That lecture was so good though.  My mom had been telling me for weeks that I should watch it, and my room was in desperate need of cleaning, so I killed two birds with one stone and listened to the lecture while tidying the mess of my room (ironically appropriate considering I’m usually jamming to some K-pop while cleaning).  It was given was Anse Tamara Gray, who if you don’t know her is an amazingly knowledgeable Muslima.  It is called “Lean In: Our Feminist Manifesto” and is about feminism in Islam.  It can basically be divided into three parts: She begins by talking about the history of feminism and how Muslims were (and still are) affected by it, then gives some words about Hijab (which was my favorite part), and ends by addressing the male audience.  The entire thing is so well-done and gives a lot of really good messages.  I recommend everyone, Muslim or not, boy or girl, to watch it.  You can watch it here. The whole thing is about 40 minutes long.  The feminism history part begins at 2:15, the Hijab part begins at 17:05, and the address to men begins at 24:46.  I encourage everyone to watch the whole thing, but if you don’t have 40 minutes to spare, at least watch part of it.  (And I beg all of my male readers to listen to the last bit.  Please.  I think that may have been the most useful part of the whole lecture.)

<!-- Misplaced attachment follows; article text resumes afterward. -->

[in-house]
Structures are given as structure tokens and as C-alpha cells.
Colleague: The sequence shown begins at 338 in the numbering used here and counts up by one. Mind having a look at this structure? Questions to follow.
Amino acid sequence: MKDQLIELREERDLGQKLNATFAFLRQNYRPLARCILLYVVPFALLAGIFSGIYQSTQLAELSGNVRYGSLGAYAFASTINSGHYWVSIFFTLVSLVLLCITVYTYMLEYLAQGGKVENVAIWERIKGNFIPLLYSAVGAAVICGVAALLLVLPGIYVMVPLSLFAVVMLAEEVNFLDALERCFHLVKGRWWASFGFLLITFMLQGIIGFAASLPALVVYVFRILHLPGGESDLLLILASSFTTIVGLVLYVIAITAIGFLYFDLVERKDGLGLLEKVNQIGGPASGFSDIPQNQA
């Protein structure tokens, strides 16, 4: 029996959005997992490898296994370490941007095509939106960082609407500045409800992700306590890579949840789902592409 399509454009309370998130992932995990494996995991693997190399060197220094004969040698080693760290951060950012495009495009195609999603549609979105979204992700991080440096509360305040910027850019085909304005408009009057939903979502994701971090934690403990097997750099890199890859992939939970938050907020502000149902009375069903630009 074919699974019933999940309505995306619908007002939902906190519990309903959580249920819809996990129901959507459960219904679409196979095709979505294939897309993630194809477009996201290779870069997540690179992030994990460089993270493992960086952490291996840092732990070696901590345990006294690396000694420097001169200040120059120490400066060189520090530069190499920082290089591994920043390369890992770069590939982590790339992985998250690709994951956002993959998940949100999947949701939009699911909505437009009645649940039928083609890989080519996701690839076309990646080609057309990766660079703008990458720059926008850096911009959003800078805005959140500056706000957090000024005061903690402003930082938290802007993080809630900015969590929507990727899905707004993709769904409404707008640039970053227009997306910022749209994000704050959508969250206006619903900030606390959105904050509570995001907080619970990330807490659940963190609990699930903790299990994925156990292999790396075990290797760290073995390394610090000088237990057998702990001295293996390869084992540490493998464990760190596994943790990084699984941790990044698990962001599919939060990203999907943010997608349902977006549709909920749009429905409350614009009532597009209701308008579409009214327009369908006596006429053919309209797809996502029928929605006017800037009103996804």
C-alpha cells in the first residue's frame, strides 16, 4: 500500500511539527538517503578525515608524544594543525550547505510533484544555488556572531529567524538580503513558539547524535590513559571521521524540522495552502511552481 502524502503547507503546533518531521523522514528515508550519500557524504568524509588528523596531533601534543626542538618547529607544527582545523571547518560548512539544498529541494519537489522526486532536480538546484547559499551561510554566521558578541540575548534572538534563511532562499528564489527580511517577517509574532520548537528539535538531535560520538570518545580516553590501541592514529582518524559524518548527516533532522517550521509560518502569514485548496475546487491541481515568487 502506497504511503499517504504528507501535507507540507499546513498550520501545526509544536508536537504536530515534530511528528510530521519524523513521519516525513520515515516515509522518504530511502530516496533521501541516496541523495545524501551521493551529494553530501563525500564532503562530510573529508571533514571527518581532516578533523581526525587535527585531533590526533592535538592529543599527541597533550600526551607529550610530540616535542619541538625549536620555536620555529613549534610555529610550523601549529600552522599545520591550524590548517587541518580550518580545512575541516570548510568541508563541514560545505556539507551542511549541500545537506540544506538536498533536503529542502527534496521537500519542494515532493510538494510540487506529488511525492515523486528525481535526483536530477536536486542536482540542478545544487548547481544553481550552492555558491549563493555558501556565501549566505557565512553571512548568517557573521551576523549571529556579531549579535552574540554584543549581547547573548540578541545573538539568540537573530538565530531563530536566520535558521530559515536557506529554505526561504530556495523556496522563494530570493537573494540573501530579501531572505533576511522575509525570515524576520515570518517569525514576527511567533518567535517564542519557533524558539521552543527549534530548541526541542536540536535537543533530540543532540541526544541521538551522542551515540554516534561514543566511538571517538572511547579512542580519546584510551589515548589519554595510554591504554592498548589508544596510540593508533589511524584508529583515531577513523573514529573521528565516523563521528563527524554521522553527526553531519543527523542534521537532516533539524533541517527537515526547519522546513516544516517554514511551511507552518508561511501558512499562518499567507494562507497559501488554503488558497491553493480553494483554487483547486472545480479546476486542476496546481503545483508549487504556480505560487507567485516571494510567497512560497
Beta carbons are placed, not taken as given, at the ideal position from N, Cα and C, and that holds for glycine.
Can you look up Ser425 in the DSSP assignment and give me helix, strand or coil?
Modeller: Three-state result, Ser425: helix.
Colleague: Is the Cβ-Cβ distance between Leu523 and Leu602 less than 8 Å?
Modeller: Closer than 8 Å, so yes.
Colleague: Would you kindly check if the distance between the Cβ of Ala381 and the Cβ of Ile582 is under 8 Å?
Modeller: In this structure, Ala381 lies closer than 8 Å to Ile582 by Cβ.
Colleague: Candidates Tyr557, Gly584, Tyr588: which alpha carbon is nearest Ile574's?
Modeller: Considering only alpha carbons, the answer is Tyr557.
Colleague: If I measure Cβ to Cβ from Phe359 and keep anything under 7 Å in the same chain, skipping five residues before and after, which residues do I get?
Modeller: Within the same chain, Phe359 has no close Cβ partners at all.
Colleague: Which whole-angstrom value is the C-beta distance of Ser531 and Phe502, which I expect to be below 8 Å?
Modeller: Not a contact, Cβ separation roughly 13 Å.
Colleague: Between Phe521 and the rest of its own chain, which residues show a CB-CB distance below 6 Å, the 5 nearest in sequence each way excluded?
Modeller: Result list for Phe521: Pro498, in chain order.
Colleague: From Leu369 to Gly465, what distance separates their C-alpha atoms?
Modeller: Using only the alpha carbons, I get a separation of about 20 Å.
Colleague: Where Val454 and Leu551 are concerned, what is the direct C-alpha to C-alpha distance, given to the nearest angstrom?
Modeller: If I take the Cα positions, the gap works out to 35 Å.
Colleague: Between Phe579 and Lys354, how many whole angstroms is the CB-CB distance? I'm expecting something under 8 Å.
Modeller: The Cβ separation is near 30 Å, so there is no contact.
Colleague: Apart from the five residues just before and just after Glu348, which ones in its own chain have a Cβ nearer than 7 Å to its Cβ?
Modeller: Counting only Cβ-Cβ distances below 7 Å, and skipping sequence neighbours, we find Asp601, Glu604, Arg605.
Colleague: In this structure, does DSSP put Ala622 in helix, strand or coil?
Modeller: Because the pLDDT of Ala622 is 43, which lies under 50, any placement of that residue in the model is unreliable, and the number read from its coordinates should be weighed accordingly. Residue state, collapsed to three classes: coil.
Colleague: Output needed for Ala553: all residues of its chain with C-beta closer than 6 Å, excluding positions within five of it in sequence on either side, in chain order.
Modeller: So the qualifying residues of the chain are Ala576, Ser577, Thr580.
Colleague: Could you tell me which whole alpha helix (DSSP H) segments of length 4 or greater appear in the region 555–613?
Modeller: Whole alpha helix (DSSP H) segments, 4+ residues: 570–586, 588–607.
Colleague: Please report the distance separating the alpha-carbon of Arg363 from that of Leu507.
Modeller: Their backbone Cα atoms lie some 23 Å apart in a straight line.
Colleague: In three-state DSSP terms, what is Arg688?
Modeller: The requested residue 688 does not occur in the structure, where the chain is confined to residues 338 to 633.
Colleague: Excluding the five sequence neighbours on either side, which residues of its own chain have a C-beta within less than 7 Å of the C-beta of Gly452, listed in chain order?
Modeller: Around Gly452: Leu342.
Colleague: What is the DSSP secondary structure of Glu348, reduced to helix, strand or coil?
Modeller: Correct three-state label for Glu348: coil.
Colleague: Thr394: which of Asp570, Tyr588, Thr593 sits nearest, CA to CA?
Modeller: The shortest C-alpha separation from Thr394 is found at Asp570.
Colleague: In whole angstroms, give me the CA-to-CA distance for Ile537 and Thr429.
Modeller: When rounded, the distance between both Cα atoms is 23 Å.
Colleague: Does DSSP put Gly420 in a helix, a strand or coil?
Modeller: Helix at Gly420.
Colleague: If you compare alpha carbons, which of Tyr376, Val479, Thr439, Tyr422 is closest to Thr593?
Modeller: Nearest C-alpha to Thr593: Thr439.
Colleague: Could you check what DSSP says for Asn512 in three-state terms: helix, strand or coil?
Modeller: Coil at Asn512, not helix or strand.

I want to share my favorite moment from it.  During the Hijab portion, she gives the reason why women wear Hijab: “Allah himself has made plain the reasoning for Hijab: That we may be known.  Like a sports team, we recognize each other. Like an ethnic background, we feel comfortable with each other.  Like a flag held high in the field of battle, we bravely go out each day in every country of the world, representing our Prophet, sallalahu alayhi wassalam, representing our religion, representing our men who too often blend into the background, representing our hurting women who need our activism, representing any woman of any faith who does not know how to show her conviction.  We wear the scarf that we might be known.”  I love this because she mentions the parts of Hijab that I love the most but never knew how to put into words.  (And if haven’t guessed yet, yes I do wear Hijab :))